Neural Indices of Emotional Distraction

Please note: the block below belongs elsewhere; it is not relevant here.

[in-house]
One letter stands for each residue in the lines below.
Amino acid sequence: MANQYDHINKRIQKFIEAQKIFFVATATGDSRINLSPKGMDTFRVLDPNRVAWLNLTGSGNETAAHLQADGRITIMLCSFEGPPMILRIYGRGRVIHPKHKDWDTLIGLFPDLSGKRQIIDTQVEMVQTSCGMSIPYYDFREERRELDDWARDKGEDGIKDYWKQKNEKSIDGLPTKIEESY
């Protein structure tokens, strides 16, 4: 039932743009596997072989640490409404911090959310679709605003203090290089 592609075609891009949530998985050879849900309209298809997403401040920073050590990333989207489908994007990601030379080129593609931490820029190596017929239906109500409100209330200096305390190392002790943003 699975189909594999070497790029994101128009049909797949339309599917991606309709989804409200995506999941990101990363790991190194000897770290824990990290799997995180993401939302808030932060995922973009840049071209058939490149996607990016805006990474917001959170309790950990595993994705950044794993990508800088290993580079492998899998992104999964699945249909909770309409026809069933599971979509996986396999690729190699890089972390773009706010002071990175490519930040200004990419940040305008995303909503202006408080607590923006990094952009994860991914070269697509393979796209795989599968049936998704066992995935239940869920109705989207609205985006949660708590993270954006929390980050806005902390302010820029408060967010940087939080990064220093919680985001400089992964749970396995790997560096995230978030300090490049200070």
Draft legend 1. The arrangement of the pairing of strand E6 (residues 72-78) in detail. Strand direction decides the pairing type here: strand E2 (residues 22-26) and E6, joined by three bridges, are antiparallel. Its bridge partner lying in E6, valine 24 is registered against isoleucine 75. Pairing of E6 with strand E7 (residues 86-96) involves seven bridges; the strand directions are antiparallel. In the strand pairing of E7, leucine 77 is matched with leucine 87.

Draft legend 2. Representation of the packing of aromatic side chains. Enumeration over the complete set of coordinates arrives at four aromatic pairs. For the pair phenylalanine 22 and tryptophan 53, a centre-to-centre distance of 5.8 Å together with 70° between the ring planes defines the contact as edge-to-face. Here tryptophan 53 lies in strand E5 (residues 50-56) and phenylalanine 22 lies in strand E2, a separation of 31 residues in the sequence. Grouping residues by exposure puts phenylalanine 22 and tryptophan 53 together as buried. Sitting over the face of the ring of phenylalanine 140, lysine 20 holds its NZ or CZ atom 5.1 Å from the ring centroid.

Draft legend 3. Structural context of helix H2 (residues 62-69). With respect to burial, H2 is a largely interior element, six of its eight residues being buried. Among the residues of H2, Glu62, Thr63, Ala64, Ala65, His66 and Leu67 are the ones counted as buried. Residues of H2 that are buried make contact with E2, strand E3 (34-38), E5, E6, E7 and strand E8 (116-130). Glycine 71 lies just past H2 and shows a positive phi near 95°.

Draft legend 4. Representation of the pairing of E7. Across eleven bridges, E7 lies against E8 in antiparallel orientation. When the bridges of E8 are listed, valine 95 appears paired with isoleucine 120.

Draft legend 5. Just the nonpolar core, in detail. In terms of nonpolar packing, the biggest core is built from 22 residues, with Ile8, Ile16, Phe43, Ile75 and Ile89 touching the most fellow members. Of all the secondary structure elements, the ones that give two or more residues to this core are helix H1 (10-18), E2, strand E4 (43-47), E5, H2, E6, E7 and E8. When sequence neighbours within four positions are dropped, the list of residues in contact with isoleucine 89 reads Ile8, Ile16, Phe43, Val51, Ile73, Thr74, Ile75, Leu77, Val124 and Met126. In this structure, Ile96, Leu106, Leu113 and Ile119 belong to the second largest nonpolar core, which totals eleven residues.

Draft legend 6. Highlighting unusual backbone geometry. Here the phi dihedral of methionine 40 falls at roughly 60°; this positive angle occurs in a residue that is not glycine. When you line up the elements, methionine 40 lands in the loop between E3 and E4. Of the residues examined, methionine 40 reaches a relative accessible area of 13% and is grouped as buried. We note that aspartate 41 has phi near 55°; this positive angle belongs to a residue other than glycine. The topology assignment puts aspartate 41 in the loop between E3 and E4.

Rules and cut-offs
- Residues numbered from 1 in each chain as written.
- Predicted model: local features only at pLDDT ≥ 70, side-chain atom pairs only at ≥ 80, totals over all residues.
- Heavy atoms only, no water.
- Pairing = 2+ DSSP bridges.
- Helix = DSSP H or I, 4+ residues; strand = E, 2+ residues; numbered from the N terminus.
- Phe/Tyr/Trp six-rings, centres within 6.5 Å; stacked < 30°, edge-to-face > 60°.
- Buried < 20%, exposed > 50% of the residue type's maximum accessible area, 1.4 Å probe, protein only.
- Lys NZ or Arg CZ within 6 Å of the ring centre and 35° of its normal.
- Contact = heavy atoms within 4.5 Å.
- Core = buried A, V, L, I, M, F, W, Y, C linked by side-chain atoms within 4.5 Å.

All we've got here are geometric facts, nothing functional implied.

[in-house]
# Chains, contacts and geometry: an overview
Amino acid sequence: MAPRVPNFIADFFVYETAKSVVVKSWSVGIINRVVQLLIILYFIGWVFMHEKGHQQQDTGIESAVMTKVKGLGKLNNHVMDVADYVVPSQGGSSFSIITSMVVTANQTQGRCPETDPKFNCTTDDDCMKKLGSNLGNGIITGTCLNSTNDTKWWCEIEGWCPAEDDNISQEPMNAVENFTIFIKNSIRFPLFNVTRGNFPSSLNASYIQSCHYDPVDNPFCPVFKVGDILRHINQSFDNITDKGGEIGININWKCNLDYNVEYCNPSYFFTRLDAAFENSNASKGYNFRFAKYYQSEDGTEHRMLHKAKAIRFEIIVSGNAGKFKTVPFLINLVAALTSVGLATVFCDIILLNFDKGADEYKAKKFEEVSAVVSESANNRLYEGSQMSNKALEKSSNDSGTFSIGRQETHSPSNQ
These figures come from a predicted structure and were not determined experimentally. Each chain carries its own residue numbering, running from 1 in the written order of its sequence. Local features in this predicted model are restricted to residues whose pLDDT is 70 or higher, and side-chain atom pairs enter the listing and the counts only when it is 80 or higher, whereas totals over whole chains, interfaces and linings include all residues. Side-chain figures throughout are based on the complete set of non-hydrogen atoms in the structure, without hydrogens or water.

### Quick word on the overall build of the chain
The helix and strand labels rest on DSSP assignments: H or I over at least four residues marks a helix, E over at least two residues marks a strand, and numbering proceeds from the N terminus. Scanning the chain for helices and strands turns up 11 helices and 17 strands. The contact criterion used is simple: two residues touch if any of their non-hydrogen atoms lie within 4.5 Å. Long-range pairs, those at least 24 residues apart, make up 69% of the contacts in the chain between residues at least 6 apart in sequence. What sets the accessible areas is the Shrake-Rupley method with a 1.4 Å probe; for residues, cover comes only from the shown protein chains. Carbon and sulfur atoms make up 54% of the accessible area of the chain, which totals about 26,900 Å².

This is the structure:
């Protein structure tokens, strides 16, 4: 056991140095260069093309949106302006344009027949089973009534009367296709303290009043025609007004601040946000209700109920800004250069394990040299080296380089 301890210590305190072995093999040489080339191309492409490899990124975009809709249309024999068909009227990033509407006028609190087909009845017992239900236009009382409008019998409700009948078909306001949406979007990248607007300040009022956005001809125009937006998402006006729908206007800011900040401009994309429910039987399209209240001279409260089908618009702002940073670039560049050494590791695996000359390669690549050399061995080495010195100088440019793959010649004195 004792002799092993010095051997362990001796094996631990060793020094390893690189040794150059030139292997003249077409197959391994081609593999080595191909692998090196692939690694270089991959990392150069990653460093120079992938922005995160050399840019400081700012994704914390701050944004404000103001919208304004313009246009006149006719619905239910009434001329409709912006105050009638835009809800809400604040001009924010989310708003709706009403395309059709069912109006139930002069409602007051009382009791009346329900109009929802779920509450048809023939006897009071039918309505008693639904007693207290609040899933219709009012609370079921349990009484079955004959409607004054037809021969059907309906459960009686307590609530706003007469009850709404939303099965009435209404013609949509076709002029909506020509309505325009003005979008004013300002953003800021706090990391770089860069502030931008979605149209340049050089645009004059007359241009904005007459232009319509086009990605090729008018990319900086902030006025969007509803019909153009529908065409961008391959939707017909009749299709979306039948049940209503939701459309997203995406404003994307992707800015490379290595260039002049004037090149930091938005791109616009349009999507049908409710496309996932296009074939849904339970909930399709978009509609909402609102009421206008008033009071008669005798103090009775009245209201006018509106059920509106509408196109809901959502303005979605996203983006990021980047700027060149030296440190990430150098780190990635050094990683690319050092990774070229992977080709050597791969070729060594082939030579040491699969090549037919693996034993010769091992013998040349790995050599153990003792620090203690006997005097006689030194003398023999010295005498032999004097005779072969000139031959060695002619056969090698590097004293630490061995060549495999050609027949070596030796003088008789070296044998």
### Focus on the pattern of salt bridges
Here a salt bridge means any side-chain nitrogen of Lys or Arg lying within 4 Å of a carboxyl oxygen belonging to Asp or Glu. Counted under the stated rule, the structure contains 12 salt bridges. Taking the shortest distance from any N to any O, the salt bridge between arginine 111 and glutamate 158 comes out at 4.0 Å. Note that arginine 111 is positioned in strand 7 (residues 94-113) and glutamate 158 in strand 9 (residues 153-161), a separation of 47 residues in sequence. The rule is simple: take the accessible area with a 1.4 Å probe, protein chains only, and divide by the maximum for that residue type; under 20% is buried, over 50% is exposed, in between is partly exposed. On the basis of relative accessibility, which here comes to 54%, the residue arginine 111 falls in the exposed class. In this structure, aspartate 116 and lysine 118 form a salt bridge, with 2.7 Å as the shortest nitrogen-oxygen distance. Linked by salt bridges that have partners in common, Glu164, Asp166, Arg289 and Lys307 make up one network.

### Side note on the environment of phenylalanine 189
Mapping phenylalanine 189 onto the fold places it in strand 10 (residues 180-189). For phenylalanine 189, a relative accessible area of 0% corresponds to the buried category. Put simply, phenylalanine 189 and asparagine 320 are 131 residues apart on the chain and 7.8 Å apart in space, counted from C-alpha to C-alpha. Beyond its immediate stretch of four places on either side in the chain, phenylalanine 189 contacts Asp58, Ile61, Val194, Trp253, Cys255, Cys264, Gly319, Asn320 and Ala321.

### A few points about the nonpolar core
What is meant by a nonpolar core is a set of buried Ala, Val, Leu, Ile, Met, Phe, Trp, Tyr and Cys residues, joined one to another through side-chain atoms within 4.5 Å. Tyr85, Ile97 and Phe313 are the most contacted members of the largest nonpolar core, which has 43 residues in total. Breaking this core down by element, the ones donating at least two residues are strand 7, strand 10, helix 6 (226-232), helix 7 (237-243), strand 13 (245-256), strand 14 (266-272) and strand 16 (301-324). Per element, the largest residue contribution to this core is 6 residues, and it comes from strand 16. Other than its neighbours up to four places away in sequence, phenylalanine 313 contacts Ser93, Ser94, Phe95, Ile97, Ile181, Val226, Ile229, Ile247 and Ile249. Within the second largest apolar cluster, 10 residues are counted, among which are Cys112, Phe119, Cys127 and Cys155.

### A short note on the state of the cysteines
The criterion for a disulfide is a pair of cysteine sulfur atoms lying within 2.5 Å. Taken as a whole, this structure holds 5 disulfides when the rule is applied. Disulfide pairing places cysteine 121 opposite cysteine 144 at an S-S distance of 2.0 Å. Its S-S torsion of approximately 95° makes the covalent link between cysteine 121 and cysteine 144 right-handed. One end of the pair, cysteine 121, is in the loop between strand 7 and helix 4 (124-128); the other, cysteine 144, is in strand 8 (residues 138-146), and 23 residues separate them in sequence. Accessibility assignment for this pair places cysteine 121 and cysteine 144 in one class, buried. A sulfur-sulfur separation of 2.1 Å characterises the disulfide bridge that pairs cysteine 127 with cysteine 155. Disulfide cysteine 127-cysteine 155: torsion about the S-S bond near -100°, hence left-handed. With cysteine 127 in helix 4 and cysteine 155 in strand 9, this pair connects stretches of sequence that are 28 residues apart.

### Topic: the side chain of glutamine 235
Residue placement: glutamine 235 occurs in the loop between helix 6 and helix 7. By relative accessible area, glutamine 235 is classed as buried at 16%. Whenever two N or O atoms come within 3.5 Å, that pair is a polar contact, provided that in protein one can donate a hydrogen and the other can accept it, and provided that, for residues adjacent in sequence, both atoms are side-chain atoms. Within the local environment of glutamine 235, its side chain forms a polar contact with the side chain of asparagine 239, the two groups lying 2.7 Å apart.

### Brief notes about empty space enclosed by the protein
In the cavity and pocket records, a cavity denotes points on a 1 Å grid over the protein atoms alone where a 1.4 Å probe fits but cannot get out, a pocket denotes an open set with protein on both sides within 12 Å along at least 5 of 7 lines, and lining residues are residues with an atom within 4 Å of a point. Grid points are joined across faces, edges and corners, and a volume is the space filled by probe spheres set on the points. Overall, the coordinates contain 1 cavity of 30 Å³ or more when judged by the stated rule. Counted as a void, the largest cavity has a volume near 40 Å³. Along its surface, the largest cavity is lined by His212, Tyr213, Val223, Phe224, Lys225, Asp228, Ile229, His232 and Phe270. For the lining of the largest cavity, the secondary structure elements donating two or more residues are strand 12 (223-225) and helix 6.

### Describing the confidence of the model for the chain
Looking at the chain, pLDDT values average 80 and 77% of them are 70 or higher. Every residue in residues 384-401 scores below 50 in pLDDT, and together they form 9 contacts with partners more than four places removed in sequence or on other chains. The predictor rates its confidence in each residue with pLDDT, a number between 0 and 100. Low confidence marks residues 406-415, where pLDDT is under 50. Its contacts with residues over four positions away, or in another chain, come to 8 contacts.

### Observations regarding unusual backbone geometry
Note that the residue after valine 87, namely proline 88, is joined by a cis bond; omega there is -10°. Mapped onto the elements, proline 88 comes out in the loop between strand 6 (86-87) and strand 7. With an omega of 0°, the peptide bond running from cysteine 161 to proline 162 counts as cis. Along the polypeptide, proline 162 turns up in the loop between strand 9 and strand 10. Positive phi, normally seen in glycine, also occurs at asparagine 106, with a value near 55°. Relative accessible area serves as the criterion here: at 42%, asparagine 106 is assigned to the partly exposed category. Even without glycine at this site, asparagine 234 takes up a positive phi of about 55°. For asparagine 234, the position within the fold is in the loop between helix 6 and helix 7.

Emotional stimuli capture our attention. The preferential processing of emotional information is an adaptive mechanism that when relevant to our goal highlights potentially important aspects in the environment. However, when emotional information is task-irrelevant, their presence in the environment can trigger involuntary shifts in attention that cause detriments to performance. One challenge to investigating emotional distraction in the lab is how to objectively investigate the allocation of attention between different elements on the same stimulus display (e.g. between the task and the distractors). One neural measure that overcomes this issue is the Steady-State-Visual-Evoked-Potential (SSVEP). An SSVEP is the neural response of the visual cortex to a flickering stimulus and can be used as a measure of attentional resource allocation (Norcia, Appelbaum, Ales, Cottereau, & Rossion, 2015). In the past, emotional distraction has been studied using spatially separated tasks and distractors. The current thesis presents two experiments using SSVEPs to investigate emotional distraction in a superimposed design. Experiment 1 aimed to conceptually replicate Hindi Attar and colleagues (2010) who developed an SSVEP emotional distraction paradigm to examine attentional resource allocation between background task-irrelevant emotional distractors and a foreground dot-motion task. Participants viewed a stimulus display of moving, flickering dots, while positive or neutrally valanced distractors (or unidentifiable scrambles) were presented in the background of the task. SSVEPs were reduced in the presence of positive intact compared to neutral intact distractors suggesting that the presentation of task-irrelevant emotional stimuli in the same spatial location as a foreground task initiates an involuntary shift of attention away from the task. Unexpectedly, in both Experiments 1 and 2 valence differences were found in SSVEPs between positive and neutral scrambled images; this suggests that there are some perceptual differences between the stimulus sets (e.g. colour) contributing to the drop in SSVEP found for positive intact images. Importantly, in the SSVEP analysis significant valence x image type interactions were found, demonstrating that the drop for positive images was stronger for intact than scrambled image conditions, suggesting that a significant amount of the drop in SSVEP was driven by a difference in valence between the intact distractors. Behavioural results also suggest evidence for emotional distraction through reduced hit rate in the presence of positive intact images compared to neutral intact images in Experiment 1, and reduced detection sensitivity and response criterion for positive intact images in Experiment 2. Overall, the current thesis demonstrates support for the hypothesis that emotional information is more distracting than neutral information and provides a valuable starting point for the examination of emotion attention interactions when the task and distractors share the same location. Future studies could use SSVEPs to examine neural processing differences between emotional and neutral scrambled images.